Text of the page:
Wow, is this really the same Mr Boles who, several years ago, I tried to get interested in building a few workshop units in the villages? All I got was 15 minutes of earache about why it couldn’t be done, and compulsory purchase at agricultural prices was possible the greatest. Here we are, many years on, and what has the author, or government done? As is usual, nothing.

    Why not factory build houses? The outer skin is insulated aluminium processed to look like bricks, stone, rotten wood or what have you. The inner skin is timber frame as used in Milton Keynes. All the wiring, doors, windows etc are in place, it is a simple bolt together job to erect. Even the roof could be steel roofing and assembled in one or two pieces.

    As to the investment problem, why not make an understanding that when the house is sold, the maximum price is simple the paid price plus CPI? Irrespective of any upgrades or extensions. It is STARTER homes that we want, once established then people can go on to buy anything they really want, many will be quite content.

    As for this idea of the landowner keeping the freehold, NO NO NO! Greedy b****** already have hundreds of acres, why do they need to screw the little people. On the other hand if the inheritance taxes were changed so that landed estates were taxed like normal assets then they would be only too glad to shift some land, look at the 1930’s.

  12. johnf says:

    Great article and many good comments – particularly agree that Housing Associations could be more active in new building.
    My own experience is that the Planning System is awash with regulations, some from National Govt and some from the EU and many of these regulations are of questionable value. I actually feel sympathy for Planning Officers having to deal with such complexity. However these regulations exist and there is not much realistically can be done in the short-term.
    However one thing we can do is deal with the bias in the system. If an objector raises a concern about the impact of a development on wildlife, traffic, landscape, etc then the builder has to show beyond reasonable doubt that the impact is negligible. It is difficult to prove negatives. My suggestion would be to either lower the burden of proof from “beyond reasonable doubt” to “balance of probability” or flip it so that the burden of proof is on the objector. I think this change would have a huge impact.

  13. Andrew Ferguson says:

    Again, good see you opening up the public debate and don’t disagree with much of what you say Nick. However I think you skip to lightly round one of the key issues of demand, dramatic increase in immigration, but perhaps that’s for another day.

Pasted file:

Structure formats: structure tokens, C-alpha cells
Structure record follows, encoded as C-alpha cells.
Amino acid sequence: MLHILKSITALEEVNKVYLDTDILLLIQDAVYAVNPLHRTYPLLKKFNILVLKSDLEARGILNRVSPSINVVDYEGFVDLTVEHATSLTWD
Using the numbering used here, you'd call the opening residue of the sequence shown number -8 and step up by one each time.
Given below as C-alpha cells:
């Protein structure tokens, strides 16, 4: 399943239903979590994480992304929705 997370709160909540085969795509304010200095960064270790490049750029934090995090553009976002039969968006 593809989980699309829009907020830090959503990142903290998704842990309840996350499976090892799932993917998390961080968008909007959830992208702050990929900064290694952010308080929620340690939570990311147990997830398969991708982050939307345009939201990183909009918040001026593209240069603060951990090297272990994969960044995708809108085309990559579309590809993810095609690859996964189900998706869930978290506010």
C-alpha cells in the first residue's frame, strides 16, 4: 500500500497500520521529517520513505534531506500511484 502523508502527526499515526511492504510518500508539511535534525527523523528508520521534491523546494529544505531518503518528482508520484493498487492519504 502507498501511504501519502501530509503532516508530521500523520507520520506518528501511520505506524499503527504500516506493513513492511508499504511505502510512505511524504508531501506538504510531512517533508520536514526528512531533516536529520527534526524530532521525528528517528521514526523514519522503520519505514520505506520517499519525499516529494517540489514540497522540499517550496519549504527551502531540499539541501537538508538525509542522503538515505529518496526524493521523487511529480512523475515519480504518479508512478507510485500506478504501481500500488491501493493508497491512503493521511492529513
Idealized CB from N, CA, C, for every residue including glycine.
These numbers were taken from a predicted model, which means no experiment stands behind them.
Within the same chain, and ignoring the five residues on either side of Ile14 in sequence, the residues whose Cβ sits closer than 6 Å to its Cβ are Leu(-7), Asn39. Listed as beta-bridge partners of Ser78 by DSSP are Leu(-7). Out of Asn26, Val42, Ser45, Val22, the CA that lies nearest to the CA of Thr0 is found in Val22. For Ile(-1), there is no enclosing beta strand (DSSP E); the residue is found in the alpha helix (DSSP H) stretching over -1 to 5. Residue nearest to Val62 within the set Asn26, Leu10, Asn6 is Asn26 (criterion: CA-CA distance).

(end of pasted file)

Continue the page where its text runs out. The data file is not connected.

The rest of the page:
One area I think you have missed out is the number of empty houses, I have seen reports of 200k to 1.4m properties standing empty, this has to be a key area to address. As a small scale developer I am targeting such properties to purchase and repair, and get back into circulation. There is little or no support from the government to do this and I am only too aware of larger developers sitting on large projects year after year.
    A quick win that does not effect the green belt, need relaxation of planing rules…..something to really push I suggest.

  14. Dar says:

    @ Andrew F.

    Yes, totally agreed on empty houses. But also what about converting back to housing the empty retail properties that we are now awash with? Look at Bourne for example, how many empty shop premises are there now? A lot. They will never all be occupied again in this age of supermarkets and internet shopping. I read from local historian Rex Needle that most of the high street was originally housing anyway, so why not convert it back again?

  15. Eric Robinson says:

    Population increase from 55million to at least 65million (and rising) doesn’t play any part in this then ?
    Net migration of over 300million per year, year after year…. where do all these people live ?

  16. Stephen Burnett says:

    This is a massive issue, and the “German” solution you mention, along with some of the comments of Mr Sallabank, make good sense. We live in a house built by one of the large housebuilders in 2000. The construction quality is appalling, which I now understand having read Mr Sallabank’s contribution. This is the same housebuilder which has received much recent publicity over its >£100m reward to senior directors for achieving targets agreed-to by the board and shareholders. Your political guiding-light, Theodore Roosevelt, would spin in his grave at such a travesty.

    At the start of this chapter, you mention that politicians have successively side-stepped the house-building quagmire. What likelihood is there that we will find the politicians with the courage and energy to fix it? The two-party system in Britain is broken. These kinds of issues, housing, transport etc. really need non-party experts with long term horizons to develop solutions. I never thought I would find myself saying this (I am an entrepreneur who tends to think on my feet) but I think we need to find technocrats who will staff institutions tasked with fixing these issues. They need tight deadlines, and they MUST avoid too much public consultation (like London airport runways etc.) to come up with a plan that breaks the logjam. They will undoubtedly make some mistakes, but progress with some mistakes would be far superior to where we are today.

What do you think?